Acrosomal exocytosis of mouse sperm progresses in a consistent direction in response to zona pellucida.

Department of Obstetrics and Gynecology, Center for Research on Reproduction and Women's Health, University of Pennsylvania School of Medicine, Philadelphia, Pennsylvania 19104-6160, USA.
Journal of Cellular Physiology (Impact Factor: 3.87). 05/2009; 220(3):611-20. DOI: 10.1002/jcp.21781
Source: PubMed

ABSTRACT Sperm acrosomal exocytosis is essential for successful fertilization, and the zona pellucida (ZP) has been classically considered as the primary initiator in vivo. At present, following what is referred to as primary binding of the sperm to the ZP, the acrosome reaction paradigm posits that the outer acrosomal membrane and plasma membrane fuse at random points, releasing the contents of the acrosome. It is then assumed that the inner acrosomal membrane mediates secondary binding of the sperm to the ZP. In the present work we used a live fluorescence imaging system and mouse sperm containing enhanced green fluorescent protein (EGFP) in their acrosomes. We compared the processes of acrosomal exocytosis stimulated by the calcium ionophore ionomycin or by solubilized ZP. As monitored by the loss of EGFP from the sperm, acrosomal exocytosis driven by these two agents occurred differently. When ionomycin was used, exocytosis started randomly (no preference for the anterior, middle or posterior acrosomal regions). In contrast, following treatment with solubilized ZP, the loss of acrosomal components always started at the posterior zone of the acrosome and progressed in an anterograde direction. The exocytosis was slower when stimulated with ZP and on the order of 10 sec, which is in accordance with other reports. These results demonstrate that ZP stimulates acrosomal exocytosis in an orderly manner and suggest that a receptor-mediated event controls this process of membrane fusion and release of acrosomal components. These findings are incorporated into a model.

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    ABSTRACT: The spermatozoa acrosome reaction (AR) is essential for mammalian fertilization. Few methods allow visualization of AR in real time together with Ca(2+) imaging. Here, we show that FM4-64, a fluorescent dye used to follow exocytosis, reliably reports AR progression induced by ionomycin and progesterone in human spermatozoa. FM4-64 clearly delimits the spermatozoa contour and reports morphological cell changes before, during and after AR. This strategy unveiled the formation of moving tubular appendages, emerging from acrosome reacted spermatozoa, which was confirmed by scanning electronic microscopy. Alternate wavelength illumination allowed concomitant imaging of FM4-64 and Fluo-4, a Ca(2+) indicator. These AR and [Ca(2+)]i recordings revealed that the presence of spontaneous [Ca(2+)]i oscillations both spontanous as well progesterone-induced prevent AR in human spermatozoa. Notably, the progesterone induced AR is preceded by a second [Ca(2+)]i peak and ~40% of reacting spermatozoa also manifest a slow [Ca(2+)]i rise ~ 2 minutes before AR. Our findings uncover new AR features related to [Ca(2+)]i.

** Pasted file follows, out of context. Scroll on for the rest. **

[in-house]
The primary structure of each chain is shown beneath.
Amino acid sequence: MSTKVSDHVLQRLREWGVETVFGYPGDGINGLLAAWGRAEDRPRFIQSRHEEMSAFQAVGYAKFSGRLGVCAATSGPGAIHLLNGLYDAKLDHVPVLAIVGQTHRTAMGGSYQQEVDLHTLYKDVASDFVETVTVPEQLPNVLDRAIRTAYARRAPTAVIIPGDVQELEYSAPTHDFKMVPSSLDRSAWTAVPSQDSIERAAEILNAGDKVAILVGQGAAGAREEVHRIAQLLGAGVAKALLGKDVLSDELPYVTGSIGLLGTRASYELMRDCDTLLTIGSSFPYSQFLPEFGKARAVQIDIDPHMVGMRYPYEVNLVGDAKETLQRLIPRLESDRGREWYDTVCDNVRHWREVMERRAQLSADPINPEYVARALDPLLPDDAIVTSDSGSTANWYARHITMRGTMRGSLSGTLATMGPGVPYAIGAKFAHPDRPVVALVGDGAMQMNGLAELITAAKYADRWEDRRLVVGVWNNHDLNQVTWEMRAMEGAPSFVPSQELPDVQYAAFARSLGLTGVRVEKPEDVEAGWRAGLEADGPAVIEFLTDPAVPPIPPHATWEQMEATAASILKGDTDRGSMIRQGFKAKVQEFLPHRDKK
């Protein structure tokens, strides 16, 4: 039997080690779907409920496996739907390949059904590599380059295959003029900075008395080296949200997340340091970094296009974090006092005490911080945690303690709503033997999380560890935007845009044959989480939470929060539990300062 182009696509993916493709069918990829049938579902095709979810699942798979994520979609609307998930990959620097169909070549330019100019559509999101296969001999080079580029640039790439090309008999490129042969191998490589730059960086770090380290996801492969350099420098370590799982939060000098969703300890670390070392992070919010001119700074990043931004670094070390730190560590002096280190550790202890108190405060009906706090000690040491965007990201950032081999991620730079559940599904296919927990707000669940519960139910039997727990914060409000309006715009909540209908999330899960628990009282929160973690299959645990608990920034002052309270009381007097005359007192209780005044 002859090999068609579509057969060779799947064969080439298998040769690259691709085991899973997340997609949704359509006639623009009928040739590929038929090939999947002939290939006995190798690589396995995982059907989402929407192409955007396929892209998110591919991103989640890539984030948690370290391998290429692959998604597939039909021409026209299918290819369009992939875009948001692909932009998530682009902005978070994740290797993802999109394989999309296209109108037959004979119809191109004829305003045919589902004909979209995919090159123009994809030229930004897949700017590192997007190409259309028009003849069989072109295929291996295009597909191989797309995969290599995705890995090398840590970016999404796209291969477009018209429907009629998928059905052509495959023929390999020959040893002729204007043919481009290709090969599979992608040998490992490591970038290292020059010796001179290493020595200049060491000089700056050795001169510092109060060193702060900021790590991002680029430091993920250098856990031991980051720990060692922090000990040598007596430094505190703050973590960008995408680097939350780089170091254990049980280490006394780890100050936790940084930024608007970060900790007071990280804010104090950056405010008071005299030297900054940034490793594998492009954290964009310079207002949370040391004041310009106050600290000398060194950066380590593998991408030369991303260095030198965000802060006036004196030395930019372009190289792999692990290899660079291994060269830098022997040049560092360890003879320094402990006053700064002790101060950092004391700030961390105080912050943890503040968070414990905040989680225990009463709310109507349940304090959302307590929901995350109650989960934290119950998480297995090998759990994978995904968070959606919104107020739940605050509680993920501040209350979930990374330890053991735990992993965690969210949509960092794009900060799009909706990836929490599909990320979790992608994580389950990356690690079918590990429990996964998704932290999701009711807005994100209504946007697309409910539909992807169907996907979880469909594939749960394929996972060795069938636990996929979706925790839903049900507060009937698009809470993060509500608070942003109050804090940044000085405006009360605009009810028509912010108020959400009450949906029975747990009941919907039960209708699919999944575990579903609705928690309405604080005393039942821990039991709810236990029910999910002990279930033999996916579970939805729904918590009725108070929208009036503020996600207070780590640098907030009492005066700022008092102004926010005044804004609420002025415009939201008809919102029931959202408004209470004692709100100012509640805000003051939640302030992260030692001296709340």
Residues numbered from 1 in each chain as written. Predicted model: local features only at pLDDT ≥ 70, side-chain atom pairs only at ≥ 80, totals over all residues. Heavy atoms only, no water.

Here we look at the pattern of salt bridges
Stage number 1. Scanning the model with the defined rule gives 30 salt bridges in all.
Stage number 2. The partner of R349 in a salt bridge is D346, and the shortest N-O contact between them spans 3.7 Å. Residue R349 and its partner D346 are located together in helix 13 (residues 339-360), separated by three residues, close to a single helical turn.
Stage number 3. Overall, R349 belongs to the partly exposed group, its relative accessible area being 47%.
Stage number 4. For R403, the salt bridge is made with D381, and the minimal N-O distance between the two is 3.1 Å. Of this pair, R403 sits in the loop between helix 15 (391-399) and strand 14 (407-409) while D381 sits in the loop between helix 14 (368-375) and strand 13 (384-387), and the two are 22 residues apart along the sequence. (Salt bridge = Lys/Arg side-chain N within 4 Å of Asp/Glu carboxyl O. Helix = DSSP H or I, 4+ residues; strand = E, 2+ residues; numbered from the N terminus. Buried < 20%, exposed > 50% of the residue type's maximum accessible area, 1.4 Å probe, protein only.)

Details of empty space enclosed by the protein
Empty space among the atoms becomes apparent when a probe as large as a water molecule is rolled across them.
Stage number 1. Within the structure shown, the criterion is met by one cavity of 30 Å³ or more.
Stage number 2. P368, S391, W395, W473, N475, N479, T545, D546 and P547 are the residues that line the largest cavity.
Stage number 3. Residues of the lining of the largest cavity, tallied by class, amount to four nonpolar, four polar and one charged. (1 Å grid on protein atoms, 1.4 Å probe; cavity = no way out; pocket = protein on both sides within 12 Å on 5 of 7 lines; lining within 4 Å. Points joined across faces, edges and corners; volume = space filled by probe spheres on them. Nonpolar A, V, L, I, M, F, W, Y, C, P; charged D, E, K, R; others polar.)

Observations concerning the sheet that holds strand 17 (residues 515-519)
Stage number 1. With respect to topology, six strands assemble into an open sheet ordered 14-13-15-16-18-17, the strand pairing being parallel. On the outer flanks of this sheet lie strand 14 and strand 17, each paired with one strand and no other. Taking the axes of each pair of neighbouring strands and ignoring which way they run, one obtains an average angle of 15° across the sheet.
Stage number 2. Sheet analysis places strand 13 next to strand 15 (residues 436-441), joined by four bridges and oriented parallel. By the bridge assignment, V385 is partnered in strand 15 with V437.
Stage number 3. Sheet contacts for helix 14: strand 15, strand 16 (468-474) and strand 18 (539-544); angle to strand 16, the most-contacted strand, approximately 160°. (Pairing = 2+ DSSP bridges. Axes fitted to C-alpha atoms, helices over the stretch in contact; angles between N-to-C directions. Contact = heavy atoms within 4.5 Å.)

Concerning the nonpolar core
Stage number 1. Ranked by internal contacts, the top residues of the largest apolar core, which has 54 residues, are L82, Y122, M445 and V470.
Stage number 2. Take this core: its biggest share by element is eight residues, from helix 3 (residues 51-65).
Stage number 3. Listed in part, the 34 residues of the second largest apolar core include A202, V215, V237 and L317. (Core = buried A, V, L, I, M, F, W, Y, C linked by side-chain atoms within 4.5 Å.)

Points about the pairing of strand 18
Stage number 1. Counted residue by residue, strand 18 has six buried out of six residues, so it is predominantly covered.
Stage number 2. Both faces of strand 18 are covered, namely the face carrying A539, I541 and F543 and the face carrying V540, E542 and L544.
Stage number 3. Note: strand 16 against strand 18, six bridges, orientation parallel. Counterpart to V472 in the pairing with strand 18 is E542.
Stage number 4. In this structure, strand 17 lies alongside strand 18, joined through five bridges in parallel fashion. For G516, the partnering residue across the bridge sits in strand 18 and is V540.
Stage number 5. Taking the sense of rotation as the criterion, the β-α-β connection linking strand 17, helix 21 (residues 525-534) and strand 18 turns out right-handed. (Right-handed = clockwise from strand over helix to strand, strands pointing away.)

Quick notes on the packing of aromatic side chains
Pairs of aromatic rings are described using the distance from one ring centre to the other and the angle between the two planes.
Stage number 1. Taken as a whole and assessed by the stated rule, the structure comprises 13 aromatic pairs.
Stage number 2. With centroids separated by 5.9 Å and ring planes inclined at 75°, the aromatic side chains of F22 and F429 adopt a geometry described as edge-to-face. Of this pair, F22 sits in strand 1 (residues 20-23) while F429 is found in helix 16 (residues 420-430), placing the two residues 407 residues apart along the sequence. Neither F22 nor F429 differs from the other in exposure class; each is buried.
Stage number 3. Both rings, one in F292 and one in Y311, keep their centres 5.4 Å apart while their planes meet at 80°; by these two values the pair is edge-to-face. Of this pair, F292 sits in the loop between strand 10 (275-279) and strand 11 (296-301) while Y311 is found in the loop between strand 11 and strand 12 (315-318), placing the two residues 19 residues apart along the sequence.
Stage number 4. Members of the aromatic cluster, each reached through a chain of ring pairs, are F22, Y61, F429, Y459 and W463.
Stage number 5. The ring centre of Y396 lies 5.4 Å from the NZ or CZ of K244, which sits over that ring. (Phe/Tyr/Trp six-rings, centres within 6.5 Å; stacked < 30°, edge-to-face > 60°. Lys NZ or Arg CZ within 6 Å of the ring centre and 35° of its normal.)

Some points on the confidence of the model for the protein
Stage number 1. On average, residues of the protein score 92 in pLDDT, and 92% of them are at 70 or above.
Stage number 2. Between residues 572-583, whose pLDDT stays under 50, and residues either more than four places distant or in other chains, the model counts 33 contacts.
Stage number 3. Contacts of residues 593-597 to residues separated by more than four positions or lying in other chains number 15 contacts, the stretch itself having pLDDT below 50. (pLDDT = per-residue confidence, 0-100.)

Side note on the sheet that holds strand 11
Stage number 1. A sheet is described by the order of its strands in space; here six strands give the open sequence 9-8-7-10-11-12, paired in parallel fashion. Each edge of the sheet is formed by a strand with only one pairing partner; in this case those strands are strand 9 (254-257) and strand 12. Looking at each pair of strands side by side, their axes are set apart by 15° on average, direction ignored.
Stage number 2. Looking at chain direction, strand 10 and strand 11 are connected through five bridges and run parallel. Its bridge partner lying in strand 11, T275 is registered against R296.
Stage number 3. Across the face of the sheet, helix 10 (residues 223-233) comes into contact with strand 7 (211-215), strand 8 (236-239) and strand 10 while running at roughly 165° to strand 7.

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    ABSTRACT: In recent years, the study of mammalian acrosomal exocytosis has produced some major advances that challenge the long-held, general paradigms in the field. Principally, the idea that sperm must be acrosome-intact to bind to the zona pellucida of unfertilized eggs-- largely based on in vitro fertilization studies of mouse oocytes denuded of the cumulus oophorus--has been overturned by experiments using state-of-the-art imaging of cumulus-intact oocytes and fertilization experiments where eggs were reinseminated by acrosome-reacted sperm recovered from the perivitelline space of zygotes. In light of these results, this minireview highlights a number of unresolved questions and emphasizes that there is still much work to be done in this exciting field. Future experiments using recently advanced technologies should lead to a more complete and accurate understanding of the molecular mechanisms governing the fertilization process in mammals.
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    ABSTRACT: The sperm acrosome reaction is an all-or-none secretion process, mainly following the principles of calcium-regulated exocytosis. However, the relationship between the formation of hundreds of fusion pores and the required mobilization of calcium from the lysosome-related acrosomal vesicle has only been partially defined. Hence, the second messenger, nicotinic acid adenine dinucleotide phosphate (NAADP), known to promote efflux of calcium from lysosome-like acidic compartments, was analyzed for its ability to trigger acrosome reaction in mouse sperm. In addition, the expression of two-pore channel (TPC) proteins, which are primarily localized in lysosome-related acidic organelles and which present potential molecular targets of NAADP were examined in mammalian spermatozoa. Finally, the reproductive phenotype and acrosomal secretion rates were determined in a TPC1 deficient mouse line.Using the fluorescence properties of the NAADP antagonist trans-Ned-19 we found that NAADP binding sites are highly concentrated at the acrosomal region of spermatozoa. In addition, using a newly generated TPC1 specific antibody, we detected an acrosomal colocalization of trans-Ned-19 and TPC1. Immunogold electron microscopy studies showed a TPC1 distribution along the outer acrosomal membrane. Treatment of permeabilized mouse spermatozoa with NAADP resulted in a loss of the acrosomal vesicle. Induction of acrosomal exocytosis by NAADP reflected the functional properties of TPC proteins: (i) Acrosomal secretion responses were not detectable in response to its chemical analogue NADP, and (ii) where blocked by trans-Ned-19. This inhibitory effect was also observed upon treatment of spermatozoa with the physiological agonist Zona pellucida; (iii) testing a broad concentration range of NAADP, two narrow bell-shaped dose-response-curves were observed: one with a maximum effect in the nanomolar, the other with a peak in the low micromolar NAADP concentration range, thus suggesting at least two distinct NAADP-dependent mechanisms are involved in triggering acrosomal exocytosis. Antagonizing the 1,4,5-inositol trisphosphate receptor (IP3-R) attenuated acrosomal secretion rates of both the low and high NAADP-dependent pathway. In contrast, TPC1 null sperm selectively lost responsiveness to low micromolar NAADP concentrations. Remarkably, TPC1 null offspring of heterozygous breeding pairs were significantly under-represented. Moreover, disruption of the TPCN1 gene resulted in a significant reduction of sperm numbers compared with wild-type animals.Our study shows for the first time that the second messenger NAADP mediates acrosomal exocytosis in mouse spermatozoa without any additional extracellular calcium. Moreover, it was found that two convergent NAADP-dependent pathways with non-overlapping activation profiles for distinct NAADP concentrations drive acrosomal exocytosis. Thus, we suggest that both NAADP-induced cascades link different local NAADP concentrations with the efflux of acrosomal calcium, thereby safeguarding reliable and complete fusion of the large acrosomal vesicle. Activation of the IP3-R may serve as an additional amplification mechanism. The acrosome reaction is characterized by a basic sequence of functionally coupled events typical for calcium-regulated exocytosis. Thus, the results of the present study may position sperm as a valuable cellular model system to examine whether such calcium amplification mechanisms are also operative in other cells displaying NAADP regulated exocytosis.